One of the applications of the optical disk is an optical disk for audio equipment, and a structure such as one shown in FIG. 6 has been proposed as its signal mode. In FIG. 6, the segment of the information is referred to as a "frame" in the same way as the sector described above. In one frame, a synchronizing pattern 50 for synchronization is disposed at the leading edge of the frame, followed then by a data area 51 and a parity area 52. Once again, the data area 51 and the parity area 52 are disposed. The synchronizing pattern 50 consists of two patterns each having a length of 11 Tm (Tm: geometric unit on the disk; e.g., 0.289 μm) and either of them corresponds to the mirror area. To reproduce the data, this synchronizing pattern must be detected, and hence, the offset component described already can be detected simultaneously. The data recorded on the data portion and the parity portion use EFM (eight to fourteen modulation), a modification of an FM modulation whose pulse length changes. Accordingly, there exist data pits and mirror areas ranging from 3 Tm to 11 Tm. If a semiconductor laser is used as the light source and an objective lens having NA of 0.5 is used, the spot size on the disk surface is about 1.6 μm so that the mirror area of at least 6 Tm and the track offset at this time can be detected simultaneously.
Next, the methods of detecting the mirror area will be explained.
First, there is a method which detects offset on the real time basis. It is necessary to detect the existence of the light spot at the position of the mirror area. This can be accomplished by reading the information which is recorded ordinarily on the optical disk and then referring to a signal after digital conversion. In the case of the optical disk for audio equipment, for example, a geometric length ranging from 6 Tm to 11 Tm exists. (In the optical disk for audio equipment, control is made so that the linear velocity becomes constant; hence, linear correspondence exists between the time length and the geometric length.) For this reason, the time width is measured in order to detect the timing at which the length exceeds 6 Tm.
In the case of an optical disk capable of additional recording, the time interval from the sector mark to the portion into which the mirror area is inserted is known in advance. Accordingly, the sector mark is first detected and the time is thereafter measured so as to detect the timing at which the light spot comes into the mirror area.
If the area of 11 Tm among the synchronizing pattern is used in the optical disk for audio equipment, one synchronizing pattern is first detected and the time till the arrival of the next synchronizing pattern, which is known in advance, is measured so as to detect the existence of the light spot in the 11 Tm area in the next synchronizing pattern.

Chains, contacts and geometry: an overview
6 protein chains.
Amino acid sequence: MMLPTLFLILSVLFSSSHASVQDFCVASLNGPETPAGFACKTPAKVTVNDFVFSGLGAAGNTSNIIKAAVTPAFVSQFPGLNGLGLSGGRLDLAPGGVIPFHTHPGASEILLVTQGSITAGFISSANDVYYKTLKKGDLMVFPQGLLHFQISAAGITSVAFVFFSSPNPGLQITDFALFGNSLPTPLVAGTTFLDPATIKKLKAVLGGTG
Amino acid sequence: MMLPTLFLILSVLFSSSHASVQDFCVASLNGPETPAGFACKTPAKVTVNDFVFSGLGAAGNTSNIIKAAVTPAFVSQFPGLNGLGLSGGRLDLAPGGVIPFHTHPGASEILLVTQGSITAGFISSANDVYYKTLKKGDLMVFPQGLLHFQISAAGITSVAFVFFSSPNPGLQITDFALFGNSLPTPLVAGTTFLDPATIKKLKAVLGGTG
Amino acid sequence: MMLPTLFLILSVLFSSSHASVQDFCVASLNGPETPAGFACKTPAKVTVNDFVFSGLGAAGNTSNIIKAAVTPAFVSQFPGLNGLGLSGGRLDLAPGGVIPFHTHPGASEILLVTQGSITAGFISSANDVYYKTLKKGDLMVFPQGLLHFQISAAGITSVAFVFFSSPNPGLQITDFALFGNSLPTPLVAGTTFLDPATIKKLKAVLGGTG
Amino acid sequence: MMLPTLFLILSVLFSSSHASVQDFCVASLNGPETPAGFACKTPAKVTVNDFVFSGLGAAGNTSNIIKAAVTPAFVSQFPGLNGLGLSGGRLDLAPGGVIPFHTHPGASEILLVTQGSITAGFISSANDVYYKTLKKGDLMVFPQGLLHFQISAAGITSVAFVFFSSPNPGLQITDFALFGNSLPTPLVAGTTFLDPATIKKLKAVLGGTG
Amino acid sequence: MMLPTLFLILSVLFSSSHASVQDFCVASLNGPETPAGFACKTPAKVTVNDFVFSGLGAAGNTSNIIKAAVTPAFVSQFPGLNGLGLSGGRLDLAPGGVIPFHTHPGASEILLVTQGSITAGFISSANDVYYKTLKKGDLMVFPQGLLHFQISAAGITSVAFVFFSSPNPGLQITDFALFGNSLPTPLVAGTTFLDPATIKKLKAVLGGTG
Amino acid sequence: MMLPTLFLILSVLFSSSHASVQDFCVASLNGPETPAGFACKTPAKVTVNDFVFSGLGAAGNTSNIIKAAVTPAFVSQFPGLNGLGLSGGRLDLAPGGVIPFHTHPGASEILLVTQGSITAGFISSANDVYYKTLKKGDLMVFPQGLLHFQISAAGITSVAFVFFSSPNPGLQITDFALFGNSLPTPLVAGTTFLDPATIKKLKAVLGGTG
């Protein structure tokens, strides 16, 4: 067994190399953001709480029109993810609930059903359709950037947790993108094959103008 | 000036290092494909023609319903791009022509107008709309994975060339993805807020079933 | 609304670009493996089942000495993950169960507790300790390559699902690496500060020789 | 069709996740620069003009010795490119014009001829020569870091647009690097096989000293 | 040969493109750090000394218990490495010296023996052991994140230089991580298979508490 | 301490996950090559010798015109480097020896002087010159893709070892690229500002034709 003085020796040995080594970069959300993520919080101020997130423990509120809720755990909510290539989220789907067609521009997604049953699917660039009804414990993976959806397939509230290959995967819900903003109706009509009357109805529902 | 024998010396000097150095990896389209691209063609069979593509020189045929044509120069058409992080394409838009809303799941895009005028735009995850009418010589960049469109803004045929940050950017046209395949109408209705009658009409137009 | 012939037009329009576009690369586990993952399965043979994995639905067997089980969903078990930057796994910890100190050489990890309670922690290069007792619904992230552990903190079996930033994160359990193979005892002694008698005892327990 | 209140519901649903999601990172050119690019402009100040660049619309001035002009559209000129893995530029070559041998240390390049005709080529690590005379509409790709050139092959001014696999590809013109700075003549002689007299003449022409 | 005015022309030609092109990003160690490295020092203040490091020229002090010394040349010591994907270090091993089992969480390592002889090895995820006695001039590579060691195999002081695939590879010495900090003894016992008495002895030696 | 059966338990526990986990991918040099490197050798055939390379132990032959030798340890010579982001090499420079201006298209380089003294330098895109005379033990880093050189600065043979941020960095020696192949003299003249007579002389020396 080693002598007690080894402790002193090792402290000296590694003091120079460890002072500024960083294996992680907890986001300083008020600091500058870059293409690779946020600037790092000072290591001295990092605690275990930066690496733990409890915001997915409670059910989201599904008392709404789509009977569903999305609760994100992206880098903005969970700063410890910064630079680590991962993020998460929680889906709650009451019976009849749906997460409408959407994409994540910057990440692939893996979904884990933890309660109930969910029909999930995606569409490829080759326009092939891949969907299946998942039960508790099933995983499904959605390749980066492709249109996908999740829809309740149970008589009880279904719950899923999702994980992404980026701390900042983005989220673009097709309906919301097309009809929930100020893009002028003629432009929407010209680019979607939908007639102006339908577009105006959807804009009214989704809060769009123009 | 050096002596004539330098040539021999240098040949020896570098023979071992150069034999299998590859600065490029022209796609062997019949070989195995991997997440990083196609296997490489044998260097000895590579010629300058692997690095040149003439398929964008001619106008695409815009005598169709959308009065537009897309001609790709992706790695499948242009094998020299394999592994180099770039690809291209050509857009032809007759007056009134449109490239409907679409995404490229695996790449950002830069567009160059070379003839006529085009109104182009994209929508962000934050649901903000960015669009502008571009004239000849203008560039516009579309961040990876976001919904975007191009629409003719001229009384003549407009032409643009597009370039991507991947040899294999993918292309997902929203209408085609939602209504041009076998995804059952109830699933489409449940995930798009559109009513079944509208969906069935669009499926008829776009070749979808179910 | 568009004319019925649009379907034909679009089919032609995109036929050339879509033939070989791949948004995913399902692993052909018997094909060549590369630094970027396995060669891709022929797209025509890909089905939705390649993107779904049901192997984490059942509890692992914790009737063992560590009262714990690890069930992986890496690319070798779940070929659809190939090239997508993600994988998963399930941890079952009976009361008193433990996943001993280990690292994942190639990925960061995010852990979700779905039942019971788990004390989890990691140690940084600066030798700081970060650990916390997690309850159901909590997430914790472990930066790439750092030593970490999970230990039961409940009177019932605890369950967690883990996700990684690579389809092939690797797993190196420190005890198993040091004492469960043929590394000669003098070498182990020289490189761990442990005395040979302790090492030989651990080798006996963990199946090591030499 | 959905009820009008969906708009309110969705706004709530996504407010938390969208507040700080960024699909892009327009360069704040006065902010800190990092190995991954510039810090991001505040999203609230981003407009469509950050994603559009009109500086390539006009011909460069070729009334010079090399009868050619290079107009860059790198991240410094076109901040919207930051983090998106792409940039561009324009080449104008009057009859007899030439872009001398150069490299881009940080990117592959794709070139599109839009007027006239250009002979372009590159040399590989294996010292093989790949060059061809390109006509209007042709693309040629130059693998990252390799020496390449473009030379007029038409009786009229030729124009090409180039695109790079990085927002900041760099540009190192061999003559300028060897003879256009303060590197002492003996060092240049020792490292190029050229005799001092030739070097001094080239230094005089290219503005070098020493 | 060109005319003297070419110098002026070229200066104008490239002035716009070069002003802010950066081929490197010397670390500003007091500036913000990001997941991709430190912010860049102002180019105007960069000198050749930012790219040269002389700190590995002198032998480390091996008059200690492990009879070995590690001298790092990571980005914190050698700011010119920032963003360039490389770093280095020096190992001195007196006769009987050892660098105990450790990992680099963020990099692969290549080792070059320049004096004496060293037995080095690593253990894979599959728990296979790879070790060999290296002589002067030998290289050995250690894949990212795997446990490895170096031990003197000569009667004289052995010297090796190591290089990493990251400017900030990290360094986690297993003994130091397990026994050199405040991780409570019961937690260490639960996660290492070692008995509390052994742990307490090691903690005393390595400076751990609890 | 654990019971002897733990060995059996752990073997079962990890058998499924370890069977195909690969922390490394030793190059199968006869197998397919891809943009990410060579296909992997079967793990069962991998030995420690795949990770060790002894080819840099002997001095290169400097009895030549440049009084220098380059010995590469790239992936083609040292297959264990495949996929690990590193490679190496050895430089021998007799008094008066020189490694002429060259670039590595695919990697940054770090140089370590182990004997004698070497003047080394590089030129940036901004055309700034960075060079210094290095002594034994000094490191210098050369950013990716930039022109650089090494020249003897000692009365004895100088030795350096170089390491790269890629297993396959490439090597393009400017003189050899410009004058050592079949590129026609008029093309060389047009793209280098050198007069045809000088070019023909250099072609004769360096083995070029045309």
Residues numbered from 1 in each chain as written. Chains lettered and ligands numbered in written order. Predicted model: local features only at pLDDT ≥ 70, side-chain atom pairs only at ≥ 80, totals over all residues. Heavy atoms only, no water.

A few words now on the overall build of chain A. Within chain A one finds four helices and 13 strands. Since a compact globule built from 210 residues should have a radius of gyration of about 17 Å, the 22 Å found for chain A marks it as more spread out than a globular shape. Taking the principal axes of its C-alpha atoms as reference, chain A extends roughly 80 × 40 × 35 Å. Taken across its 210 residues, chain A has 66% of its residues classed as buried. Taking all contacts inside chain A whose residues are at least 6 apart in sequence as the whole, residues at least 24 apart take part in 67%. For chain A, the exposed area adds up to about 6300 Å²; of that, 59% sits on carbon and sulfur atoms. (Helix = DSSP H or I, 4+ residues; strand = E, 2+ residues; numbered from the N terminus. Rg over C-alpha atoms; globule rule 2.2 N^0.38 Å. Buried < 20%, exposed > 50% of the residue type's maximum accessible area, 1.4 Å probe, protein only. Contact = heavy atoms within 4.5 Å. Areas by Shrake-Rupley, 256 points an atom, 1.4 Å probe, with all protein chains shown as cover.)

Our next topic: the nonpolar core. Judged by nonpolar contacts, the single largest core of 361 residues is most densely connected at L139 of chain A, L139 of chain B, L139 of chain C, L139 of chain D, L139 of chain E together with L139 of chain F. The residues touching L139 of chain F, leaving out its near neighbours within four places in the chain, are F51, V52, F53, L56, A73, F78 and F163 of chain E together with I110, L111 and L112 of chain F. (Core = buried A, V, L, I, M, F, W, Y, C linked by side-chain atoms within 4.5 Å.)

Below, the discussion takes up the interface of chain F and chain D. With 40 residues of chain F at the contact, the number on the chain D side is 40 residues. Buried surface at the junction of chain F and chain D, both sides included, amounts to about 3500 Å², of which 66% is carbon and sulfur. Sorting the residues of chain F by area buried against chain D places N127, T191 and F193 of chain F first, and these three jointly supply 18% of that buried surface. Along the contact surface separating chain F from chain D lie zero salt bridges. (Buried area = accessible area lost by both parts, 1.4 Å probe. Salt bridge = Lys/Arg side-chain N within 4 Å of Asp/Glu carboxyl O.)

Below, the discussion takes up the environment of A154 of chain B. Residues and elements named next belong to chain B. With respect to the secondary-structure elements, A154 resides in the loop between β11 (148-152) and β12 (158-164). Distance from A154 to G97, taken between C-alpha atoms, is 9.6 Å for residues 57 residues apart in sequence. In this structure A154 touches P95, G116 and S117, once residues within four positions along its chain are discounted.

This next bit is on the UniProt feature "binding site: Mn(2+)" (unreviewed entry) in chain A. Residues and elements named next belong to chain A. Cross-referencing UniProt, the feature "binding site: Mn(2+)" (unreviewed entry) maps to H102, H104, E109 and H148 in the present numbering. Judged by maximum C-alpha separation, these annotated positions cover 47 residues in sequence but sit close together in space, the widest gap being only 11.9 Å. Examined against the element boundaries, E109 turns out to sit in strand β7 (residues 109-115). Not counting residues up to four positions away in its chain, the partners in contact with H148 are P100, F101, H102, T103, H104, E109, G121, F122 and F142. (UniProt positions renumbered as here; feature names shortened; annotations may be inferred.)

In accordance with the methods described above, the differential output of the optical detector is sampled and held by the timing detected by the methods described above, so that the offset component can be detected and held.
If a method which causes time delay is used in order to detect the existence of the light spot in the mirror area, the differential output of the optical detector may be analog-delayed to an extent corresponding to the time delay. A CCD (charge coupled device) or a delay line may be used to practice the analog delay method.
FIG. 7 is a block diagram showing the construction of one embodiment of the present invention.
In the drawing, the light beam leaving a laser 71 is changed into parallel rays of light by a lens 72, passes through a prism 73, a λ/4 plate 74 (λ: laser wavelength) and an objective lens, and is converged on a disk 76 having information tracks as a spot of approximately 1 μmφ. A reflecting film or recording film is vapor-deposited on the disk 76 so that the light beam incident to the track 77 is reflected, again passes through the contracting lens 75, the μ/4 plate 74 and the prism 73 and is then led to the information detecting system. The information detecting system (with its auto-focus detecting system not shown) consists of a convergent lens 78 and an optical detector 79 whose light receiving surface is divided into two portions for detecting the track signals and the information signals.